By Tsholo Tlhoaele
In the fifth instalment, Tsholo takes us into Tanzania where she is caught off guard by unfortunate news from home and becomes a de facto national spokesperson, is fascinated by the busy-ness of Tanzania’s cities, repulsed by the smell of the local fish market, is disappointed when she gets a tourist-packaged experience of local culture and finally overcomes her fear of snakes.
5 December – 19 December
This was the longest part of my trip – but by far the most exciting. We loaded up Mama with our luggage and got ready for the drive. As soon as we got cell phone reception while we were driving out, breaking news came in: Former President, Nelson Mandela has died. I stared at my phone for a solid 5 minutes reading over the message several times. Nyika received the news shortly after and made the announcement through a microphone on the bus. There was no doubt that everyone knew who Mandela was. As the only South African on the bus, I was now liable as a government public relations official expected to sell the Mandela struggle story to everyone.
While on the bumpy road one of the travellers from Germany walked up to me and asked “How do you feel?” as if the news meant that I was devastated and had lost a father. It seemed a bit insensitive of me when I just shrugged my shoulders in a “meh, I am perfectly fine” sort of manner as though the news hadn’t even dented my heart. The thing is I didn’t have it in me. I spent the rest of the long drive really thinking about why I wasn’t too bothered – maybe because I saw death as a natural part of life, something that none of us can escape. The “I remember…” stories of Mandela during the apartheid struggle invaded conversations for the next nine hours.
Soon after we crossed over the Malawi – Tanzania border, my first impression was that Tanzania was such a busy country – there were people everywhere! Maybe because we were just at the border there seemed to be a lot of activity – but I soon learnt that my prediction was accurate. We drove through the city at a very stilted pace, constantly stopping and swaying off the road due to a heavy flow of traffic. It was painfully hot, we had been in the bus for a solid 11 hours, my feet were so swollen – I had now had enough!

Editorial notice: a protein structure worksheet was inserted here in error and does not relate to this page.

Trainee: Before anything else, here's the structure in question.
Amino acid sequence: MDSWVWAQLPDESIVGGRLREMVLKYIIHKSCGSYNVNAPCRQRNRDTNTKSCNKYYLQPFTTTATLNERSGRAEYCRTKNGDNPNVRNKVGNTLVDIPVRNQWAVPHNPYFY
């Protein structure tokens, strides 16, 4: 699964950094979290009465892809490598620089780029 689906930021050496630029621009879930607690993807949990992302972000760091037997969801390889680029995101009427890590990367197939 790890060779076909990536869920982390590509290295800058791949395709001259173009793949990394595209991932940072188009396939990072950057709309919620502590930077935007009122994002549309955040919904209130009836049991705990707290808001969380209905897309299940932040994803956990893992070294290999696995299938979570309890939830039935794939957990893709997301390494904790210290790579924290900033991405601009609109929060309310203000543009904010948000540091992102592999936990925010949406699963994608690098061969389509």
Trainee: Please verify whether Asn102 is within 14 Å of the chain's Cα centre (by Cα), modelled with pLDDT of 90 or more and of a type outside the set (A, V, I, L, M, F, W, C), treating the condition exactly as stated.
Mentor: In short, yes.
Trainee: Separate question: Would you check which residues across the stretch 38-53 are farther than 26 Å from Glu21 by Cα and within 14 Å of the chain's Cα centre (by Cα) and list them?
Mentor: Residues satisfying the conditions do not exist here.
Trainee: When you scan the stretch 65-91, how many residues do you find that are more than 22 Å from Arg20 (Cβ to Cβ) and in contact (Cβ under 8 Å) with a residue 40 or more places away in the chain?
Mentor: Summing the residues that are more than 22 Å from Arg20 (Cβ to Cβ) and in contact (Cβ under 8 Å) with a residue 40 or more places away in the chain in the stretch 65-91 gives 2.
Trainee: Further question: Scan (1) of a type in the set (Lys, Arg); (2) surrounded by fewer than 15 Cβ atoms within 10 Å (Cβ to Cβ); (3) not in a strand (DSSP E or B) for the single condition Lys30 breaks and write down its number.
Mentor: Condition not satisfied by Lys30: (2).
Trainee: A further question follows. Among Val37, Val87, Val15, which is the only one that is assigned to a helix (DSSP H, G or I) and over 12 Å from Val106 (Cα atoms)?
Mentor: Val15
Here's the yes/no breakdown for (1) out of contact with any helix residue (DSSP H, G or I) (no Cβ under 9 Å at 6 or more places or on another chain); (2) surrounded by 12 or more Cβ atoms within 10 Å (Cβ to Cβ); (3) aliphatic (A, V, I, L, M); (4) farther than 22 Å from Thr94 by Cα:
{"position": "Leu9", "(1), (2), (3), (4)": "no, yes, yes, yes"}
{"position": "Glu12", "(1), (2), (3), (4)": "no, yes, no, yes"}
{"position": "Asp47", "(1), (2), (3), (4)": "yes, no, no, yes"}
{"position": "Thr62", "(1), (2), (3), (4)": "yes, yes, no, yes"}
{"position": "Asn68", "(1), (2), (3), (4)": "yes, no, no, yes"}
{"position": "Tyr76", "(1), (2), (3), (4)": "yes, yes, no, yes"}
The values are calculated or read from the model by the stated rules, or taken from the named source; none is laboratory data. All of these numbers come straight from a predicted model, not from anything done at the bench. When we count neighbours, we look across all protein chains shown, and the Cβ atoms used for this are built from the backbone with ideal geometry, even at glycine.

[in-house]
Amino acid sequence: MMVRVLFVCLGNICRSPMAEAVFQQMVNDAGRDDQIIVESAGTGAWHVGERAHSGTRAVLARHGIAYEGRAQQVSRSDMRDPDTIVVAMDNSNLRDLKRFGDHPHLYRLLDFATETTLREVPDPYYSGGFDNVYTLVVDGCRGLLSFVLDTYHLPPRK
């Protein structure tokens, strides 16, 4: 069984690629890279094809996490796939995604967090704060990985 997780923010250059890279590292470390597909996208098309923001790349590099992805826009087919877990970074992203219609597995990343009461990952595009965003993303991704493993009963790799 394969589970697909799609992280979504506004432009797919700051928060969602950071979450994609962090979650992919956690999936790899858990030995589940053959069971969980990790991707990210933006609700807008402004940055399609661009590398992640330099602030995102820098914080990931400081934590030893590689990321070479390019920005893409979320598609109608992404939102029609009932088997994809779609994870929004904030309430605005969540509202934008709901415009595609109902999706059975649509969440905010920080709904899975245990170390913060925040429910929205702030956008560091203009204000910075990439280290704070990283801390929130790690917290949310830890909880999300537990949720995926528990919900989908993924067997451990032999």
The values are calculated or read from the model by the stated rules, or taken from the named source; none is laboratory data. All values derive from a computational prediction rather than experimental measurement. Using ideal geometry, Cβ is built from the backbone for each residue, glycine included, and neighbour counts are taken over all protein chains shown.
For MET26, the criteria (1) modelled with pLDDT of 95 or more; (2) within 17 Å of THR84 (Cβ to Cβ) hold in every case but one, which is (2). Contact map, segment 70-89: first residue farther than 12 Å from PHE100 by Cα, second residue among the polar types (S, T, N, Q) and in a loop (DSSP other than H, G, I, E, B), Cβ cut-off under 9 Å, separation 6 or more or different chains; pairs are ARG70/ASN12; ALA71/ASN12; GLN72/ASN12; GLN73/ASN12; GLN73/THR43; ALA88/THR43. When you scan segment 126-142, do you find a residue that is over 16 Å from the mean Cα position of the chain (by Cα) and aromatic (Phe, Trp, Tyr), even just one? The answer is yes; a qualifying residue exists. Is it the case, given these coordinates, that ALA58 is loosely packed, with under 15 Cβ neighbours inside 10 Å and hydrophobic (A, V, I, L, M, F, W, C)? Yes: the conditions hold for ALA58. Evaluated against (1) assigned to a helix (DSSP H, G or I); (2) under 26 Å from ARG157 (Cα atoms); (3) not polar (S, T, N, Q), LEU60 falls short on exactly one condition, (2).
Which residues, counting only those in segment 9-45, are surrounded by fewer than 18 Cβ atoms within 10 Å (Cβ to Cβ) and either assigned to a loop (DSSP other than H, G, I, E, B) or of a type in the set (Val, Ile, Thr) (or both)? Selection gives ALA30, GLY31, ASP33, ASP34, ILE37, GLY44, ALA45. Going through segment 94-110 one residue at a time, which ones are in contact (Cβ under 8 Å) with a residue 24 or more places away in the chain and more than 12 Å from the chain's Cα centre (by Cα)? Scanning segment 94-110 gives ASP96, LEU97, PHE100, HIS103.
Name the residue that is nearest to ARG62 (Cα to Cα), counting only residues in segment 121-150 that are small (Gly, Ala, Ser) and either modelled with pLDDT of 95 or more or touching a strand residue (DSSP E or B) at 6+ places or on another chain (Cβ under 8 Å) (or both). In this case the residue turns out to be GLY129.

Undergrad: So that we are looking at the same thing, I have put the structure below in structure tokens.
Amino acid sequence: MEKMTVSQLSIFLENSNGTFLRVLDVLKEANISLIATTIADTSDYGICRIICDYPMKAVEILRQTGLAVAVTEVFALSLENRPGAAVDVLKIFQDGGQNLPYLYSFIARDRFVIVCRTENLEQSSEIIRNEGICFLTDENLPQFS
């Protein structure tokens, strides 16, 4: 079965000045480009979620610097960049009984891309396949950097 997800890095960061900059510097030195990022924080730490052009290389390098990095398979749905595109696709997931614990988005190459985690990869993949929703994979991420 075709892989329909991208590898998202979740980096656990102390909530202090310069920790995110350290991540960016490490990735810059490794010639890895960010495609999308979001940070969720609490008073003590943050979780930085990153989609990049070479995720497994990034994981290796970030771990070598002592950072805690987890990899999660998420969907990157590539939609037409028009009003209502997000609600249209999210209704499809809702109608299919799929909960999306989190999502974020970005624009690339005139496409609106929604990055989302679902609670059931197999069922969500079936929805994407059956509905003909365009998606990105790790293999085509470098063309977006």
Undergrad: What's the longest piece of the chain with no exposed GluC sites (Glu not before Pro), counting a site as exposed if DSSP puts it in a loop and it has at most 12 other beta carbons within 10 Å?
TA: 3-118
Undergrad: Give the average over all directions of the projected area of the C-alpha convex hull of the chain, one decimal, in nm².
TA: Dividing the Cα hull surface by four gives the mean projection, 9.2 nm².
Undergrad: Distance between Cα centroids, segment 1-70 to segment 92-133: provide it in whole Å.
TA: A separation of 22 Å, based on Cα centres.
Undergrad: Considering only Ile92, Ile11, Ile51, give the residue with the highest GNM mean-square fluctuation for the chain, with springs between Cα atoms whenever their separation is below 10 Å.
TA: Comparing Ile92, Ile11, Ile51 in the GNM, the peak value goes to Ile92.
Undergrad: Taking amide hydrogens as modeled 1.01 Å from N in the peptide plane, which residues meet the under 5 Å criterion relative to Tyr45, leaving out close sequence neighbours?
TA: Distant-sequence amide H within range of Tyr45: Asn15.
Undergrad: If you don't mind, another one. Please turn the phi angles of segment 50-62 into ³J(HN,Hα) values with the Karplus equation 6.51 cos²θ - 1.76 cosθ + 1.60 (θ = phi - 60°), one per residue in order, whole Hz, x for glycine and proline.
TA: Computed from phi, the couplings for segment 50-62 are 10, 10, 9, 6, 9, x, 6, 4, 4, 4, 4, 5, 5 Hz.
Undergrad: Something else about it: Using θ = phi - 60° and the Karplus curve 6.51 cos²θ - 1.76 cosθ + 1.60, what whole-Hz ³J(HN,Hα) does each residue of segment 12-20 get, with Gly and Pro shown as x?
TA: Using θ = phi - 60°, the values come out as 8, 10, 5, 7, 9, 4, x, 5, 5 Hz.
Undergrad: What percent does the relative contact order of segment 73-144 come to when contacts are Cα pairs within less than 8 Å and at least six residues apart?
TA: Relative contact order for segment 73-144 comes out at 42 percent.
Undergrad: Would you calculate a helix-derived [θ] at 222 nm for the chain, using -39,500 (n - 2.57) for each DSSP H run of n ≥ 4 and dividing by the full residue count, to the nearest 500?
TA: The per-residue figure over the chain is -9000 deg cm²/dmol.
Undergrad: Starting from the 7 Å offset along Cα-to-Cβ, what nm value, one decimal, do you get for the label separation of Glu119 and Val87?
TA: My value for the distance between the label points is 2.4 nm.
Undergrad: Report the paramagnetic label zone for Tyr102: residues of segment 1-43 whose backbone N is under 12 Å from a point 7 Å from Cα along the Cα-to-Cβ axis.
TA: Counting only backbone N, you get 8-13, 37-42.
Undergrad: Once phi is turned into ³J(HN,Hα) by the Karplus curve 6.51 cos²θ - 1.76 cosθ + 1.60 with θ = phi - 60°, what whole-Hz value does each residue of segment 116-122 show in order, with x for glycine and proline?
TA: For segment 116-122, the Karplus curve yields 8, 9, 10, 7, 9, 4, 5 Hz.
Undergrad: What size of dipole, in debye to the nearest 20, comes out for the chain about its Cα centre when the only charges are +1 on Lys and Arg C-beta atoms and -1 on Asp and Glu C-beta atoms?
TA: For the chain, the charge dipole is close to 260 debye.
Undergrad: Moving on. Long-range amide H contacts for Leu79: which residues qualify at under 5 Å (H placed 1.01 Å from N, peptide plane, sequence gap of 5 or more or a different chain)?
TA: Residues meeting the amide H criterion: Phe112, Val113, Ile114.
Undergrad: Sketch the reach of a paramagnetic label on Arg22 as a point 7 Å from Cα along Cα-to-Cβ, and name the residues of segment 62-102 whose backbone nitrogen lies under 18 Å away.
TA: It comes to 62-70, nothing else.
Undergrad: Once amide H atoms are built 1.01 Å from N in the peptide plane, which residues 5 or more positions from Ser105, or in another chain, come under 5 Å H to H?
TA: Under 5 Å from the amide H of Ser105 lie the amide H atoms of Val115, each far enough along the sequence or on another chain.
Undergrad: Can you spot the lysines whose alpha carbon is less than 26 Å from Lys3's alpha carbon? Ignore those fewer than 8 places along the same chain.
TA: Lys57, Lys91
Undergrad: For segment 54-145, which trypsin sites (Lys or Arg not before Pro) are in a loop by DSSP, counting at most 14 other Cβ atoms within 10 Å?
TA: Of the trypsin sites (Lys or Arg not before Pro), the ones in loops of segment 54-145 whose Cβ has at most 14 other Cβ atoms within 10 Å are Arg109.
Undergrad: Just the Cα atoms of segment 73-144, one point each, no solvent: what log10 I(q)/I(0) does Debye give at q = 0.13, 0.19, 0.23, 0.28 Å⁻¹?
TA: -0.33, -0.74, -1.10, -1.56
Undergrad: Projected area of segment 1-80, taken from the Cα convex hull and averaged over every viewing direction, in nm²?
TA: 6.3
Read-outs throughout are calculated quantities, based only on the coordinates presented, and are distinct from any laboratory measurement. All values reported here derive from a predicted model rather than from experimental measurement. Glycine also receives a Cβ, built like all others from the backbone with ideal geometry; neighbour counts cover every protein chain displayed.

We arrived in Iringa where we would spend the night. I was relieved to see a TV in my room as I was unpacking. I was really anticipating a relaxed and peaceful evening. As can be expected, all the television programs aired documentaries about Mandela. Every single station, in every language – ALL NIGHT! I was looking forward to watching a local movie or even a talk show, even though I couldn’t understand it, I wanted to make meaning of it myself. I felt sick – the TV content, the heat, the disrespectful insects and mosquitos and my untamed running stomach. I lay awake for most of the night.
The next morning I was the first one packed and ready to go. We made our way to Mikumi where we would spend the night. We drove past the Baobab Valley where we stopped to hug the trees in hope that all our dreams and wishes come true. Nyika cracked open a shell of the fruit and we each grabbed a piece to taste. It tasted very dry and powdery in my mouth. I was just proud of myself for at least making the effort to try it.
The Tanzanian city was interesting! I felt like a curious kid, fascinated by everything that I saw – from the use of bikes and buses as public transport to the sight of very few women driving and the market stalls on the side of the road selling what looked like a pineapple fruit of some sort. It looked so confusing and busy for me – but so natural and mundane for the locals.
We arrived at our beach front camp site where we would pack and prepare for Zanzibar the next day. Again, like Lake Malawi in Khande, this beach front was so peaceful and calm – nothing like the Durban beaches we have back at home.
We drove to Dar es Salaam (which means ‘house of peace’), the trade capital of Tanzania. A local ferry transferred us to the Northern part of Zanzibar. On the ferry, I met a local who travelled to Zanzibar every second day for work. Here I was travelling to see this world wonder, whereas this was just part of his everyday experience. I probed him with a few questions about his own travels and what he thinks of Zanzibar since he never went there for pleasure. He spoke passionately about how breath-taking it is and how he still gets excited to see the clear waters even though he cannot enjoy them in the way that tourists do. The hour long ferry ride was interesting for me, as I learnt that he too desired to see places like Cape Town, which he perceived as one of the most beautiful places in the world, based on what the media had obviously sold him.
We both saw each other’s homes as jewels of the world – but didn’t see our own as the ultimate. Now Zanzibar doesn’t compare to Cape Town in the least, but I couldn’t help think that he had a desire to be in Cape Town because he was so used to his own wonder that he must have been oblivious to exactly how stunning Zanzibar was. Why is it that why we travel outside of our own borders first before we fully explore what our own countries have? Maybe it’s because we take what we have for granted that we don’t prioritise the experience.